Scientific investigations in the cultural heritage and objects of art are routinely performed in Europe and the United States a few decades ago, in Brazil we are currently increasingly using atomic and nuclear methods for this purpose. Since 2003 the Group of Applied Physics with accelerators of the Institute of Physics of the University of São Paulo has worked with various methodologies for characterization and analysis of cultural objects. The analysis methods include processes of imaging and techniques for elemental and compositional characterization. These methods used together allow the better understanding of the materials and techniques used in the creative process and manufacturing of the objects. In the processes of analysis are used as imaging techniques: Photos with visible light, reflectography Infrared, fluorescence radiation with ultraviolet light, images with tangential light and digitized radiography; that are used to examine and document the artistic and cultural heritage objects. In the determinations of the characteristic materials of the objects present in the collections, we used analyzes for determining the existing elements and chemical compounds in the surface layers of these. The techniques involve ion beam analysis such as Particle Induced X-Ray Emission, Rutherford Backscattering and currently Ion Luminescence. Extending further the possibility of analysis, it has been used the techniques of X-ray Fluorescence and Raman spectroscopy with portable equipment that can be used in museums themselves. The results of these analyzes are providing valuable information about the manufacturing process and provide new information of the objects and all this has allowed a new collaboration with different São Paulo museums such as Pinacoteca, Museum of Contemporary Art (MAC-USP), Paulista Museum, Museum of Archaeology and Ethnology (MAE-USP) and the Institute of Brazilian Studies (IEB-USP). Several works and studies are being carried out systematically in these institutions in different artworks in the museum’s collections such as easel paintings, ceramic objects, papers, photos, etc. The information obtained are allowing the formation of a database about materials, pigments and manufacturing techniques of various artists. Particularly in the study of easel paintings the characterization of pigments in parallel with the imaging techniques has allowed to reveal the artist's creative process and has determined the palette used by the artist in one particular work. The purpose of this systematic study is to produce useful information to historians, curators, conservators and restorers for the expansion of knowledge in art history, but also in determining and defining the technical conditions and preservation of the cultural heritage material. The group of applied physics to the study of the historical and artistic heritage objects (NAP-FAEPAH) was formed in the University of São Paulo with collaboration of the different museums and institutions, and several works are been performed and will be presented and discussed.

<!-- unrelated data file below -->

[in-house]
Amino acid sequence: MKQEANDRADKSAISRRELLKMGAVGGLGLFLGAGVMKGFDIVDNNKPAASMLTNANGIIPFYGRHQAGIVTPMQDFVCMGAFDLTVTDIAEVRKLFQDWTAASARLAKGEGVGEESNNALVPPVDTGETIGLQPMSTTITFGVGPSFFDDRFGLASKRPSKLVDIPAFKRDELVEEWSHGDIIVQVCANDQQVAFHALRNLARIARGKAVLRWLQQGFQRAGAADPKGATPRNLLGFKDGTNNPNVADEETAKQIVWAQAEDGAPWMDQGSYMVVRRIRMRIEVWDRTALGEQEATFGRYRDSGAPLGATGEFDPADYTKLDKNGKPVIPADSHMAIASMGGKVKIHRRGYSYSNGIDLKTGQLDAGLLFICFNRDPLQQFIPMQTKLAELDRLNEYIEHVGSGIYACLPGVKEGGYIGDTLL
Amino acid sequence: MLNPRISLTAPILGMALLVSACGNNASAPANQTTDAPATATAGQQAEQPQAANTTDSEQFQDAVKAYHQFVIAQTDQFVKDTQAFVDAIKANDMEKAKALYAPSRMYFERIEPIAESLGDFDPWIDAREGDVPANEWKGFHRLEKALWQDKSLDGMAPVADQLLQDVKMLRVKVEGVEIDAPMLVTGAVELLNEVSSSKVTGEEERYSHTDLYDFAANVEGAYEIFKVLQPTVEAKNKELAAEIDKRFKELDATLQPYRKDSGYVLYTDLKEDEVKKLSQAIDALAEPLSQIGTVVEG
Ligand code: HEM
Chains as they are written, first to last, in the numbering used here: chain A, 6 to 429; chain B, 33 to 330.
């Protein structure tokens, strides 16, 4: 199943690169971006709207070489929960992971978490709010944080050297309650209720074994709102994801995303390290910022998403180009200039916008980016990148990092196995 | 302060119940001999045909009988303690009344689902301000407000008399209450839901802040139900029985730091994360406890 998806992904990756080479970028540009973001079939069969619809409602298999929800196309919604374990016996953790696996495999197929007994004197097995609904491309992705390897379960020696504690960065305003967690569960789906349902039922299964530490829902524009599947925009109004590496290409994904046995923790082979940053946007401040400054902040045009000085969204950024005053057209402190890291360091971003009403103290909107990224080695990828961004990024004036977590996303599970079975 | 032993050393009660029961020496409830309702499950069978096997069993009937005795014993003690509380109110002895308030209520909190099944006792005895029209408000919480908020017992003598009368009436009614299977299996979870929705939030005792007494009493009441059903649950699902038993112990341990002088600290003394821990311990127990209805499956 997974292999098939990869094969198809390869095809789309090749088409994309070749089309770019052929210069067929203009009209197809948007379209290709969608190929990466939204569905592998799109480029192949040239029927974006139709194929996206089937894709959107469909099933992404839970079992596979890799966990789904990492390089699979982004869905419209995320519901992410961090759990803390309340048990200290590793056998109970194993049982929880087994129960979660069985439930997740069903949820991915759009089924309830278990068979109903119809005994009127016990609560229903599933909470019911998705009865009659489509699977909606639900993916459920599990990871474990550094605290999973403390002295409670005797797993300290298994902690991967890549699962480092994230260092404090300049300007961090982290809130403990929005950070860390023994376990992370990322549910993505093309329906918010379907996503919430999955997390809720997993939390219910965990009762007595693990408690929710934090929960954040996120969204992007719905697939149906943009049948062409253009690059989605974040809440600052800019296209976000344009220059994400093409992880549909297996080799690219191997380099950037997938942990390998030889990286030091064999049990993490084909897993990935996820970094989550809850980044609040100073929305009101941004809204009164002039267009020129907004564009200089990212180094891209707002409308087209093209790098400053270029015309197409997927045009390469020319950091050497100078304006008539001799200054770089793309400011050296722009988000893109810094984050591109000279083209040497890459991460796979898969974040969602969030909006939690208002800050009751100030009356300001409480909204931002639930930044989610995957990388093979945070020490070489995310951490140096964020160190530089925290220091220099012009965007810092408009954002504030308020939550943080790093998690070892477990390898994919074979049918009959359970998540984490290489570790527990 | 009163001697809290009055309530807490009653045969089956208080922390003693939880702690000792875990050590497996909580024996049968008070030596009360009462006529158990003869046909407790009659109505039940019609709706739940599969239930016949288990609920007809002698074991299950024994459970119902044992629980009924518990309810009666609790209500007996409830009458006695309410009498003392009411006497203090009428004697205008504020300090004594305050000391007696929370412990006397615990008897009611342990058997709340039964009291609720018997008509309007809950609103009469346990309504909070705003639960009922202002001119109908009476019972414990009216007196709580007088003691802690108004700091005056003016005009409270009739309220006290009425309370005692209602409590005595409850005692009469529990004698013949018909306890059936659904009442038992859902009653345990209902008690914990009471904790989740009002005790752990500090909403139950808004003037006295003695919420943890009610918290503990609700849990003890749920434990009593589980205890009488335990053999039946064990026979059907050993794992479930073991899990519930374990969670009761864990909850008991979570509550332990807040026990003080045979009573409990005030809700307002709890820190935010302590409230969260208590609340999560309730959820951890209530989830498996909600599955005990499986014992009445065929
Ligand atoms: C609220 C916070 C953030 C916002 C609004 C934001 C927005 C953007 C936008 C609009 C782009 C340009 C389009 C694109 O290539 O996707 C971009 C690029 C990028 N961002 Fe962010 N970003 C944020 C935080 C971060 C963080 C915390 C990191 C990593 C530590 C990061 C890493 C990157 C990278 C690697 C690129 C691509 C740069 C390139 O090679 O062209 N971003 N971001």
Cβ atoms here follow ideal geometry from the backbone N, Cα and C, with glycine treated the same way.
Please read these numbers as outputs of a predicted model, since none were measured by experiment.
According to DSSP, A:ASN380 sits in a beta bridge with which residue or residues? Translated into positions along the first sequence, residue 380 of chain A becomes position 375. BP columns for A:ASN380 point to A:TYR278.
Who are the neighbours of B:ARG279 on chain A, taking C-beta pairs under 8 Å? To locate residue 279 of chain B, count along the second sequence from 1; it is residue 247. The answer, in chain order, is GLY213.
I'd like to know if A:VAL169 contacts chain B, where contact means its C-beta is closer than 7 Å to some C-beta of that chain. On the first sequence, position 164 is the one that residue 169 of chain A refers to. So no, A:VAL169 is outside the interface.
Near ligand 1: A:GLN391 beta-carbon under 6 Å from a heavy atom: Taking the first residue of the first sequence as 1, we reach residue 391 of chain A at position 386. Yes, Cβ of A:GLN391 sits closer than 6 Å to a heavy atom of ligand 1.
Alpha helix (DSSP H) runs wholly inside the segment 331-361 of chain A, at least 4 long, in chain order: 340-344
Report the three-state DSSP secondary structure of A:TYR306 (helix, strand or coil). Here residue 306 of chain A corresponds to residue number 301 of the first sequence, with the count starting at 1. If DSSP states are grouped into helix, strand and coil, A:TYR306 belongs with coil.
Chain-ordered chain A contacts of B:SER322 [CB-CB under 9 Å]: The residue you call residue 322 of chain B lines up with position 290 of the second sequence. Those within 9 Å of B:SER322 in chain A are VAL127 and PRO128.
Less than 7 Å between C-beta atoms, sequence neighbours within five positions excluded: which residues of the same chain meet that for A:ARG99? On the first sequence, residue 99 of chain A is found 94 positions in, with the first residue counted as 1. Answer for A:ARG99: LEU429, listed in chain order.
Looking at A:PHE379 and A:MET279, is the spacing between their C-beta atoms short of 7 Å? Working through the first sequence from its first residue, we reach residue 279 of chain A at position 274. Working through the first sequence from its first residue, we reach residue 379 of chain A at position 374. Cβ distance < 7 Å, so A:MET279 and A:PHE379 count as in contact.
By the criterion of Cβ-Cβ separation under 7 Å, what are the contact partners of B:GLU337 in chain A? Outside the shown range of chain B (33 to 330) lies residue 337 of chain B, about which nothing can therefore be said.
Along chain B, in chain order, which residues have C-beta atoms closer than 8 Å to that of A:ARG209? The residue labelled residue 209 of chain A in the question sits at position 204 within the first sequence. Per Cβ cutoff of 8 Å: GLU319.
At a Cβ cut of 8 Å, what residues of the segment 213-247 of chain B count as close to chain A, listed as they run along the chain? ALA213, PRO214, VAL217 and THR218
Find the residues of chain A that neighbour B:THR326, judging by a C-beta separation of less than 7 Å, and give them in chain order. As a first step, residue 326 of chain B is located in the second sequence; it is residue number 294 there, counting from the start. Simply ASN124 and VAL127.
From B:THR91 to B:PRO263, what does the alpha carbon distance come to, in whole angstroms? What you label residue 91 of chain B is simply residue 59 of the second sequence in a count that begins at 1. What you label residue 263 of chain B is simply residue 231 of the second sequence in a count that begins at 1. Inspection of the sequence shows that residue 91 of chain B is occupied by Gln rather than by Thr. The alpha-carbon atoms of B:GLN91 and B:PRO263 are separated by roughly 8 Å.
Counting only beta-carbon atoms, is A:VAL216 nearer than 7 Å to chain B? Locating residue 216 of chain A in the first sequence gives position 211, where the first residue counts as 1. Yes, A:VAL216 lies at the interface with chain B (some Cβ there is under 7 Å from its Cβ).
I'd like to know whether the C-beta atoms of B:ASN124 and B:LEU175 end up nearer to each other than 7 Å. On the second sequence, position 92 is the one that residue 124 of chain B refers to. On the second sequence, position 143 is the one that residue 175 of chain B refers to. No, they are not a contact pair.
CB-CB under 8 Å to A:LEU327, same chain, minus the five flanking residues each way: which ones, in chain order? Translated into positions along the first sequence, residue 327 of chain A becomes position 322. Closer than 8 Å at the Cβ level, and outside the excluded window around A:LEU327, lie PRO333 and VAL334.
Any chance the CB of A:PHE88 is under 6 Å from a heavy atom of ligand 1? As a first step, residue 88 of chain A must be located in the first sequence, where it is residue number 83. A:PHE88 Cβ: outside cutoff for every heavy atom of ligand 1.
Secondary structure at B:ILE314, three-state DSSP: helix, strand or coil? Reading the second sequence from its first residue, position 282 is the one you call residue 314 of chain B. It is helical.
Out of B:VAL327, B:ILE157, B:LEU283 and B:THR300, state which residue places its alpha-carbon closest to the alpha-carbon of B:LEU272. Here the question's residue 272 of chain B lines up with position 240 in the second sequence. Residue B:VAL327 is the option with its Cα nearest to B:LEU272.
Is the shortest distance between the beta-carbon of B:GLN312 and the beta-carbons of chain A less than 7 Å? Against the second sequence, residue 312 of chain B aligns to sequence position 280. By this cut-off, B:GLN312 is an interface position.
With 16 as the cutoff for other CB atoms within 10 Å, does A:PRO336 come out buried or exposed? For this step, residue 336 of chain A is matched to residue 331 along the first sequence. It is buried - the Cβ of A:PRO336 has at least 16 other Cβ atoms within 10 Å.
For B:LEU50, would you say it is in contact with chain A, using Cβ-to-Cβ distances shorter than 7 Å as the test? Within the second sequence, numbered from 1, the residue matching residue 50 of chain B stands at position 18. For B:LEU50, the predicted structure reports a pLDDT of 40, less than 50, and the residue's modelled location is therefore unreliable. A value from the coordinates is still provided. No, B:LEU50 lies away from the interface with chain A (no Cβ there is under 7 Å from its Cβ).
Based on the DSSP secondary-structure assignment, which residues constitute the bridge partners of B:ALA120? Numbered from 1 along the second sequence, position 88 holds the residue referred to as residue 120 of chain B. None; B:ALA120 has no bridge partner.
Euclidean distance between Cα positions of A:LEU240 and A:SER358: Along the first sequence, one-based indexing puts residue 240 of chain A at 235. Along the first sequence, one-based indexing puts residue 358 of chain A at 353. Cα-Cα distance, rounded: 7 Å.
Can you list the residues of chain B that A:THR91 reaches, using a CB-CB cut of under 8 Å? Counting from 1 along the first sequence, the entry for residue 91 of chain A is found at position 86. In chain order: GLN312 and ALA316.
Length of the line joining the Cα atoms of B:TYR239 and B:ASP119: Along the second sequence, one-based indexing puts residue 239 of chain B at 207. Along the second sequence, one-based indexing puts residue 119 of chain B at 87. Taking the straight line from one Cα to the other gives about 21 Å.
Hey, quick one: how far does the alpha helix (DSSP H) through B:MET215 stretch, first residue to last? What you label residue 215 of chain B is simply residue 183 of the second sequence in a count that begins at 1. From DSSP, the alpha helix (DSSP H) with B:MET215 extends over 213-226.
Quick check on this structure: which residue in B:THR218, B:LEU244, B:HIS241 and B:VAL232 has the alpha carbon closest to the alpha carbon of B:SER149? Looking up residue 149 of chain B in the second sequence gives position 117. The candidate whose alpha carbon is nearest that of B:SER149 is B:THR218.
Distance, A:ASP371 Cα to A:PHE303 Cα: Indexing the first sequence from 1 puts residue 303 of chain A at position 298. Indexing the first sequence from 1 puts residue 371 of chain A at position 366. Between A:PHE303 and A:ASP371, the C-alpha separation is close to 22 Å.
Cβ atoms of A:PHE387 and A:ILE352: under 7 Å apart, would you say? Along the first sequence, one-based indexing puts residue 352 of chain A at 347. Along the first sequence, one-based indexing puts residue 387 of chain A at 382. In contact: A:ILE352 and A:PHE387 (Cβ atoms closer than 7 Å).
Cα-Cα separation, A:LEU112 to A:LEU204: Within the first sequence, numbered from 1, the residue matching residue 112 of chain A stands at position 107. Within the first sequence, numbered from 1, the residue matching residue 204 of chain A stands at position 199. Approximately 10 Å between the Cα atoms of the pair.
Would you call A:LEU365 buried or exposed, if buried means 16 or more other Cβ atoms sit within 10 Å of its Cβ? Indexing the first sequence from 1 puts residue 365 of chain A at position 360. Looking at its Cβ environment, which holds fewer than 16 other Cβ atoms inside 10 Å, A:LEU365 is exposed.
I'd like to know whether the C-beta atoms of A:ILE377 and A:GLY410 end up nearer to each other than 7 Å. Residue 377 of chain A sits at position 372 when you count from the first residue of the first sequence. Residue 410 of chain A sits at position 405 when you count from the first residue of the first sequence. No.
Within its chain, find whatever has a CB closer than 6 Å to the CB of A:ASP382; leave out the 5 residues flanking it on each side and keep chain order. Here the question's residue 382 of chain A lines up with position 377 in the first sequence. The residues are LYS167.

Speaker: M. A. Rizzutto (Instituto de Física, Universidade de São Paulo, Brazil.)